Specific phobias

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Definition

Specific phobia is a type of disorder in which the affected individual displays a marked and enduring fear of specific situations or objects. Individuals with specific phobias experience extreme fear as soon as they encounter a defined situation or object, a phobic stimulus. For example, an individual with a specific phobia of dogs will become anxious when coerced to confront a dog. The specific phobia triggers a lot of distress or significantly impairs an affected individual.

Mental health professionals use the Diagnostic and Statistical Manual of Mental Disorders (the DSM) to diagnose mental disorders. The 2000 edition of this manual (the Fourth Edition Text Revision, also called the DSM-IV-TR) classifies specific phobia as a type of anxiety disorder. Formerly, specific phobia was known as simple phobia. In the last few years, mental health professionals have paid more attention to specific phobias.

Description

Specific phobia has a unique position among the anxiety disorders in that individuals with this disorder do not experience pervasive anxiety nor do they seek treatment as readily as individuals with other anxiety disorders. Unlike individuals with other anxiety disorders, the fear of individuals with specific phobias is limited to defined situations or objects. Individuals with specific phobias experience impairment or a significant amount of anguish. They may lead restricted lifestyles depending upon the phobia type. Adults and adolescents with specific phobias recognize that their fear is unreasonable. Children, on the other hand, may not recognize that their fear of the phobic stimulus is unreasonable or extreme.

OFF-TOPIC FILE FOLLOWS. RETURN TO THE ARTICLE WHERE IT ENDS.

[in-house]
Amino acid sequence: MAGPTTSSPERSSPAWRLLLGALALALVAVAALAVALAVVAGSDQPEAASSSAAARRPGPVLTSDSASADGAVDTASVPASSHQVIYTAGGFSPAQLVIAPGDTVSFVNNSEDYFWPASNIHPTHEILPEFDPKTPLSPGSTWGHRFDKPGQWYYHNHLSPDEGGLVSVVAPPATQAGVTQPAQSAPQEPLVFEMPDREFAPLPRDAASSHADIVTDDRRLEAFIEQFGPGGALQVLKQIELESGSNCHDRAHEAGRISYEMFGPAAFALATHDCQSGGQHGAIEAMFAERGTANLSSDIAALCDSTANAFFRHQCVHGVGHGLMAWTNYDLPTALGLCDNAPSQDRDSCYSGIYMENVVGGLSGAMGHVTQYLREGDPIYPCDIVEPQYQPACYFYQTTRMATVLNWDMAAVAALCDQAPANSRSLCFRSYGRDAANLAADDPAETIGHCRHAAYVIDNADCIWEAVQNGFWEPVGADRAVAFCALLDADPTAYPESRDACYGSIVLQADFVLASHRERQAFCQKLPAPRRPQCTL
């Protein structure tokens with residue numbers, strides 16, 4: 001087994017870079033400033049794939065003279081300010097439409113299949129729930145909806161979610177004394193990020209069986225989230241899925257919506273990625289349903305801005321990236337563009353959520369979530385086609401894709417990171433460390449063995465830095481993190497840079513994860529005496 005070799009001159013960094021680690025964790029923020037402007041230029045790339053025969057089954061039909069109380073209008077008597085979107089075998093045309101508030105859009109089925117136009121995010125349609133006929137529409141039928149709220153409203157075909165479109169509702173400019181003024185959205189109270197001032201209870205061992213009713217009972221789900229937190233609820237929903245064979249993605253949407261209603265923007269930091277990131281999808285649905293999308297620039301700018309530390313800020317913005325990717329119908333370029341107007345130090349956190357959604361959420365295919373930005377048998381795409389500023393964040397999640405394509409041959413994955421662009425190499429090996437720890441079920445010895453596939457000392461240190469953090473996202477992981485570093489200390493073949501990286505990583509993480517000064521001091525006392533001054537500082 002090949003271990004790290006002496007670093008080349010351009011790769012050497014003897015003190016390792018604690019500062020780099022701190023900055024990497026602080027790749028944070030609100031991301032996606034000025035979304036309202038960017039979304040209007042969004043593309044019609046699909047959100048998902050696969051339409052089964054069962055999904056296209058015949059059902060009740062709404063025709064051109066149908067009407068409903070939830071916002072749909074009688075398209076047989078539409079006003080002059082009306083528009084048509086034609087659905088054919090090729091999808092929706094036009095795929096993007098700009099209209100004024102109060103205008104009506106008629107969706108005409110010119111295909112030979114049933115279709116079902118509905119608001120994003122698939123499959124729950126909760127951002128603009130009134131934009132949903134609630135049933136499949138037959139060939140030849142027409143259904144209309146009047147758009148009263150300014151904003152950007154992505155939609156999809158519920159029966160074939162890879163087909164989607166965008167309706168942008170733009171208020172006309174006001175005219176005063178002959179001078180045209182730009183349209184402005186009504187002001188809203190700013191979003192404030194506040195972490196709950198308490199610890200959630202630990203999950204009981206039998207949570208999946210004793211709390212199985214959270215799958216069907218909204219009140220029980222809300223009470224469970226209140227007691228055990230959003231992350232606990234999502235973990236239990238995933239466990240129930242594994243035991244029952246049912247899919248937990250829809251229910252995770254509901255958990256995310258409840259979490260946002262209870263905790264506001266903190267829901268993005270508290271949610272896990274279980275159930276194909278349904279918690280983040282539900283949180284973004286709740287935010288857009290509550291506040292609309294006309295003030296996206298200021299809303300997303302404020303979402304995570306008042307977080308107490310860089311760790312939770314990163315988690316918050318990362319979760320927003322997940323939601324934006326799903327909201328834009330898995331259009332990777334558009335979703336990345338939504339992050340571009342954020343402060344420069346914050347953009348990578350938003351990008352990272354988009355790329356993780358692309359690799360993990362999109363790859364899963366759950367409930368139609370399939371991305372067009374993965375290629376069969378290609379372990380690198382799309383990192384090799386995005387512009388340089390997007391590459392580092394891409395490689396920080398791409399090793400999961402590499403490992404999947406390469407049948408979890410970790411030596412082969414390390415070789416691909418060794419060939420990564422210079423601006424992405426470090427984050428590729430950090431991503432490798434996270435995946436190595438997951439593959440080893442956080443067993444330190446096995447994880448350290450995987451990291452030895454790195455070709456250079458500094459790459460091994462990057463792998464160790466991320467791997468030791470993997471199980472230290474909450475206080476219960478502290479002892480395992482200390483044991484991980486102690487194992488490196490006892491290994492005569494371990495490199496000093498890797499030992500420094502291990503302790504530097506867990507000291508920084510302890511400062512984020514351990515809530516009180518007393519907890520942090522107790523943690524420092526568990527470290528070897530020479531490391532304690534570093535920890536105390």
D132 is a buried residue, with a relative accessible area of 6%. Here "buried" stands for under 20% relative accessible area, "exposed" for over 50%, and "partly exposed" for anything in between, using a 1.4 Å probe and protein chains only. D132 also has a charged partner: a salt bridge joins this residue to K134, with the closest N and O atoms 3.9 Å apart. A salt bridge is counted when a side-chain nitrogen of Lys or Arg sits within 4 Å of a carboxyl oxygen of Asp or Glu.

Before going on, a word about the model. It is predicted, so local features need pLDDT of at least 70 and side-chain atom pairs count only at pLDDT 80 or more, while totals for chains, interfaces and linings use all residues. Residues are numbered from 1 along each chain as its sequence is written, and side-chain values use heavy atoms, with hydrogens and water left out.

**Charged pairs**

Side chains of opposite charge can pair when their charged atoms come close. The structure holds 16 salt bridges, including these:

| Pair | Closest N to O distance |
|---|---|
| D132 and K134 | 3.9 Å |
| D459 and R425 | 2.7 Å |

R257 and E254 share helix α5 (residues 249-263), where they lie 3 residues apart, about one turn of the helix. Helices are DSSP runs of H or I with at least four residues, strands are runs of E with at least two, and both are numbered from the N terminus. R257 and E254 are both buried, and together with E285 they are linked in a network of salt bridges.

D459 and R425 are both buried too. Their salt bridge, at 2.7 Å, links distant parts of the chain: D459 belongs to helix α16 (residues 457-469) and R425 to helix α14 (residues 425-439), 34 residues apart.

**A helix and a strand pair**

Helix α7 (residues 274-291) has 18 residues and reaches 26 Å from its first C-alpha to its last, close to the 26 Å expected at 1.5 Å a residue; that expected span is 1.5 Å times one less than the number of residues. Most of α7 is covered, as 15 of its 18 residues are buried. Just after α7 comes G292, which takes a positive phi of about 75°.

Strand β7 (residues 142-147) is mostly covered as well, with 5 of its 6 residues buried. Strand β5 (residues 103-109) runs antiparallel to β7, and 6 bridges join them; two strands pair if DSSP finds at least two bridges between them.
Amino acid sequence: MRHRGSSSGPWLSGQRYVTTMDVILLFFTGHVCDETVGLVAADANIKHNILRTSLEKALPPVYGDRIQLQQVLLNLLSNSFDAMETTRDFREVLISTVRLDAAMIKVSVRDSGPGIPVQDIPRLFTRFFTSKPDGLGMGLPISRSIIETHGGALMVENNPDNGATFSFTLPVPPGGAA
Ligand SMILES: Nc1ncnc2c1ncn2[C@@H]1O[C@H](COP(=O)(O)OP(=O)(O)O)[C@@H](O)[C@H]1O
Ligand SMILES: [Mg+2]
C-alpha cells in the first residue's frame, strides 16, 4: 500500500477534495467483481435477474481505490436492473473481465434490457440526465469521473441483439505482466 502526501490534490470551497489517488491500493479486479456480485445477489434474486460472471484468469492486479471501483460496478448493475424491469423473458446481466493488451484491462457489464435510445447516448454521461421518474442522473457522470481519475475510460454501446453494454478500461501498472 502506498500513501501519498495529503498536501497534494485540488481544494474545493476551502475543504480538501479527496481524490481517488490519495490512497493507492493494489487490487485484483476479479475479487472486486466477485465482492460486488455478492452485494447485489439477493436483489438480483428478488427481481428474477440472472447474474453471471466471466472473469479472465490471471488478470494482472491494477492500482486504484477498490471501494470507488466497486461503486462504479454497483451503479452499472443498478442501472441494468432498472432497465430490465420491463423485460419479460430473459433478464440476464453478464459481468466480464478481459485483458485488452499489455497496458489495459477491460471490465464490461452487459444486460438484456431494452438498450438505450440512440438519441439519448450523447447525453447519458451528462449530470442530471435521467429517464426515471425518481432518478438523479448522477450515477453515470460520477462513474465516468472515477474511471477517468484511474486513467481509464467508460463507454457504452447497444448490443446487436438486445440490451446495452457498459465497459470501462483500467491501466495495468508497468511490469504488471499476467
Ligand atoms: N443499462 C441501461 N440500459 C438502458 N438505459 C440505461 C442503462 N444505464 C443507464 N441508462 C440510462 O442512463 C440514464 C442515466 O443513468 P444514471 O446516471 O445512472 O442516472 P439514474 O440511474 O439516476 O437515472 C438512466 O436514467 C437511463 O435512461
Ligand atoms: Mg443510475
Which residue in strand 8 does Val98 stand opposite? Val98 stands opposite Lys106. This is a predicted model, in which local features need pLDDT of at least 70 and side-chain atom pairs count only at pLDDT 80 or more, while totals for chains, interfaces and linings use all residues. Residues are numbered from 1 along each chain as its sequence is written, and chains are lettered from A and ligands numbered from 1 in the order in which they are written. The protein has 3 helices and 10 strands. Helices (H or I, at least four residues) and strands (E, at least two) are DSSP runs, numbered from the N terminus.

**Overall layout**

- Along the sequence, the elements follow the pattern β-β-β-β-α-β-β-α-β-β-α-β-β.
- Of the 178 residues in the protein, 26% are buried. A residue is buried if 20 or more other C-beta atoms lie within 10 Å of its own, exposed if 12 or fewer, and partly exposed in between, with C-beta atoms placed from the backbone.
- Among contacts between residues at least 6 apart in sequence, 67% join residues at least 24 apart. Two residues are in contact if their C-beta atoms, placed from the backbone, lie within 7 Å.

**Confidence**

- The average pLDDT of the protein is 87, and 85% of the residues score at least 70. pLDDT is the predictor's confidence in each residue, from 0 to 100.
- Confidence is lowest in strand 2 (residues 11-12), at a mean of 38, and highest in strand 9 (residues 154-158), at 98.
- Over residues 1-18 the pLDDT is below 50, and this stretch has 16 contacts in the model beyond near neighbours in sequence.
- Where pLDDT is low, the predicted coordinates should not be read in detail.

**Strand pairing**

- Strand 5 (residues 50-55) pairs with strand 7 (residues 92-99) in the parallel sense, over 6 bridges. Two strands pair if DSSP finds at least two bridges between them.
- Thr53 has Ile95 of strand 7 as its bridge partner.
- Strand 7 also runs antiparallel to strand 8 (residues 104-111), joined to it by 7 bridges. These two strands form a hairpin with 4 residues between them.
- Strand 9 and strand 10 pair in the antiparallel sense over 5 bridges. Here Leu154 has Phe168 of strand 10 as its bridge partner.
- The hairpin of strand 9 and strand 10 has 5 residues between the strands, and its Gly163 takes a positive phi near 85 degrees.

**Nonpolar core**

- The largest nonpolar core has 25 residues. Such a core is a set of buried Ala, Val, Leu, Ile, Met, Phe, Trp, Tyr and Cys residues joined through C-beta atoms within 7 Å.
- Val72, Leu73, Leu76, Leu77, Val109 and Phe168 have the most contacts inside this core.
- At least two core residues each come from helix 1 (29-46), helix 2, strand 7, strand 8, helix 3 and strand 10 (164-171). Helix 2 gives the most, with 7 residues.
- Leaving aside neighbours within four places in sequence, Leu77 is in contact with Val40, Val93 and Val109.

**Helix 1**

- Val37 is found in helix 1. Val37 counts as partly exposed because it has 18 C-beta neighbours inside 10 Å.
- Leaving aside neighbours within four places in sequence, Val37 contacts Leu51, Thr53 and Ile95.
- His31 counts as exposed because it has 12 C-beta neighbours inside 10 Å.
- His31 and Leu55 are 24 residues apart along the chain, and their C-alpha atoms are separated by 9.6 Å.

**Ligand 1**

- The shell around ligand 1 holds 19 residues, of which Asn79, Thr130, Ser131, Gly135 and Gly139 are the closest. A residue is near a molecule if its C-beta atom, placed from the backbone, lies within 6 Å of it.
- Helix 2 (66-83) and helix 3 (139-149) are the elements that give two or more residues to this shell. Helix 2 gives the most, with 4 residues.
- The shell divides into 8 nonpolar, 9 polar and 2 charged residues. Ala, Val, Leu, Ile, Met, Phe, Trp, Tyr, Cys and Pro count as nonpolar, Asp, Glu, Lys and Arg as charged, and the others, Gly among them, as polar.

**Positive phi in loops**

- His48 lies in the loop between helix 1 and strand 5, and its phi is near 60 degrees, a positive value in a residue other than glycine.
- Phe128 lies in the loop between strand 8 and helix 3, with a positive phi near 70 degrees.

The types of specific phobias include situational, object, and other. The situational type is diagnosed if an individual's fear is cued by a defined situation. Examples include situations such as flying, enclosed places, tunnels, driving, bridges, elevators, or public transportation. Object types include animal, natural environment, and blood-injection-injury types. Animal type is diagnosed if an individual's fear is cued by animals or insects. Natural environment type is diagnosed if an individual's fear is cued by storms, water, or heights. Blood-injection-injury type is diagnosed if an individual's fear is cued by seeing an injury or blood or by an injection or other invasive medical treatment. Other type is diagnosed if an individual's fear is cued by other stimuli such as fears of vomiting, choking, becoming ill, and falling down if far from a means of physical support, and a child's fears of loud noises or characters in costumes.

Researchers have found that the frequency of type for adults in clinical settings, from least to most frequent, is: animal, blood-injection-injury, natural environment, and situational. The most common phobias for community samples, however, include phobias of heights, mice, spiders, and insects.

Causes and symptoms

Causes